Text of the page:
Samuel Gompers was born in London, England on January 27, 1850, and emigrated to the United States with his family in 1863. The next year, he joined the Cigarmakers Union, and was president of the organization by 1877. In these years, he came to believe in the importance of unionism for crafts and business, as well as the superiority of economic over political action. Gompers also held that unions had to be financially stable in order to withstand the pressures of economic depressions and lost strikes. In 1881, Gompers played a major role in establishing the Federation of Organized Trades and Labor Unions of the United States and Canada. In 1886, the organization became the American Federation of Labor, and Gompers served as its president.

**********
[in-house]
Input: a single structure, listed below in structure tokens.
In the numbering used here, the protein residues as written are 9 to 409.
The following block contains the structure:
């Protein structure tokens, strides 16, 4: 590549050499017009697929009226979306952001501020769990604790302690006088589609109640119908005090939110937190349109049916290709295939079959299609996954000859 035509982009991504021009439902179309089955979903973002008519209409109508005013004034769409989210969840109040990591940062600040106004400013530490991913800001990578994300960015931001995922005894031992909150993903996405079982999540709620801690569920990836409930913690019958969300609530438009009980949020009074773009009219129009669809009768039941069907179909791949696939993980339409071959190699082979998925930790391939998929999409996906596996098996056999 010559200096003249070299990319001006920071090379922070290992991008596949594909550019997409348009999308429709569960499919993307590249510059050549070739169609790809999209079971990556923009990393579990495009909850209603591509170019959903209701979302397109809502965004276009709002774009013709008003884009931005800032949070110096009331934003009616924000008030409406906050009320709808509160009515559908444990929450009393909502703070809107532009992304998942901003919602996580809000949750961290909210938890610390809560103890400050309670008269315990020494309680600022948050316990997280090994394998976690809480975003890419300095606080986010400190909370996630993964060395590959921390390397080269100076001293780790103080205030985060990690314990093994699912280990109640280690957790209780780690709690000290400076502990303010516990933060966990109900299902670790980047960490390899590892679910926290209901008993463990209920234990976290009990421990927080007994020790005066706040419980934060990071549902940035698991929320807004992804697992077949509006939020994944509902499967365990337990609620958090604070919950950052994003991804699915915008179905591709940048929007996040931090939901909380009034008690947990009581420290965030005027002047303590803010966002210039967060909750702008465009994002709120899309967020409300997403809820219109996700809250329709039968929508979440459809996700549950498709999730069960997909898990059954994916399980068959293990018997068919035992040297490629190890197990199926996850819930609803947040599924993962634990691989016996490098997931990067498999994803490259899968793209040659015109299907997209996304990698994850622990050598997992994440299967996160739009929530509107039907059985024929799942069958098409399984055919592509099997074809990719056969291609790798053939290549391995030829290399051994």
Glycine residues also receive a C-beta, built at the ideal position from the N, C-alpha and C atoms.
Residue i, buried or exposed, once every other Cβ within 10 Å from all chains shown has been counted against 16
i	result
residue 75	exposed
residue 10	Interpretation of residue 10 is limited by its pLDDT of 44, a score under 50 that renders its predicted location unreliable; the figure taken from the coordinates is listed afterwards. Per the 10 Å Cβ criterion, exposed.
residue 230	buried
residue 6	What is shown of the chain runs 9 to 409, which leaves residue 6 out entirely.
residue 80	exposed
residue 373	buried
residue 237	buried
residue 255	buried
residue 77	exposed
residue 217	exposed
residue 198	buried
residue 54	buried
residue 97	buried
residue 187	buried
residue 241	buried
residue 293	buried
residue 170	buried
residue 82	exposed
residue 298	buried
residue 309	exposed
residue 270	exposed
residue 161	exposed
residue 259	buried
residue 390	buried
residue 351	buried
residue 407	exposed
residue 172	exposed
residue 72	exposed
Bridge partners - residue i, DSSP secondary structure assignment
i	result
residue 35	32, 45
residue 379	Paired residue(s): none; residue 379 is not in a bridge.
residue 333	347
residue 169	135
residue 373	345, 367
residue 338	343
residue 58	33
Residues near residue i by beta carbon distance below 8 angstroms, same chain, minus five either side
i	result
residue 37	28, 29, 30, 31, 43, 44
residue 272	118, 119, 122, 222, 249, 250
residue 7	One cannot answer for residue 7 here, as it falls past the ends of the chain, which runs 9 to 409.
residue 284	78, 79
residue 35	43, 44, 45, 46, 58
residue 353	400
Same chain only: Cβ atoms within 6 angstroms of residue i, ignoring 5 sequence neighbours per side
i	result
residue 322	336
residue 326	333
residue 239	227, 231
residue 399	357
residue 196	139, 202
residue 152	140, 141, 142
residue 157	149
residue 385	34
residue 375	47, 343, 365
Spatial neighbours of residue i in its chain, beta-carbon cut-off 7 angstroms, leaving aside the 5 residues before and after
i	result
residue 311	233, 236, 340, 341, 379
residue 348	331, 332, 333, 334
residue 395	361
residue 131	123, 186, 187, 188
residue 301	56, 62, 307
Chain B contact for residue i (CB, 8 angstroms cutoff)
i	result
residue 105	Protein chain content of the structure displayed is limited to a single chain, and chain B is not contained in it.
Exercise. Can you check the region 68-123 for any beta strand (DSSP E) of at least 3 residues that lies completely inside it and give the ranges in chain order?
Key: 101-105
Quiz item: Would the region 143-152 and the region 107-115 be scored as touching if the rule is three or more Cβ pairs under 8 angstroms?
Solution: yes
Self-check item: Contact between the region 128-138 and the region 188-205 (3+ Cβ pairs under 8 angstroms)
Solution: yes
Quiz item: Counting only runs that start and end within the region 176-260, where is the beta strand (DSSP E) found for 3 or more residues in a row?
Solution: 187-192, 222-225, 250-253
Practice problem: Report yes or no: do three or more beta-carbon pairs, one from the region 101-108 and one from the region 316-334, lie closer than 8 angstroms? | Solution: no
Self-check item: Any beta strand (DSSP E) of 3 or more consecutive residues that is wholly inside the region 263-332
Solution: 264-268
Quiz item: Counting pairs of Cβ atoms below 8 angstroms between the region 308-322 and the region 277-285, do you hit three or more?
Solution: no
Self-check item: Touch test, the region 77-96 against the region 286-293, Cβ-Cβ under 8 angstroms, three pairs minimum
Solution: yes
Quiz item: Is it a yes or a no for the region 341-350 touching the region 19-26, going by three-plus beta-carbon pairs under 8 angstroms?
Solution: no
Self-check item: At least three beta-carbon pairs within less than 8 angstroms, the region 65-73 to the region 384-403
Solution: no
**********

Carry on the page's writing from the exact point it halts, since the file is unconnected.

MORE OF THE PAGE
Gompers objected to radical political ideas, choosing instead to promote a conservative brand of unionism which worked within the existing economic structure to improve the circumstances of working people. During World War I, President Woodrow Wilson appointed him to the Council on National Defense and the Commission on International Labor Legislation at the Versailles Peace Conference. In 1925, Gompers published his autobiography, Seventy Years of Life and Labor. He died on December 13, 1924 in San Antonio, Texas, while traveling home from political ceremonies in Mexico City at which he had represented American labor.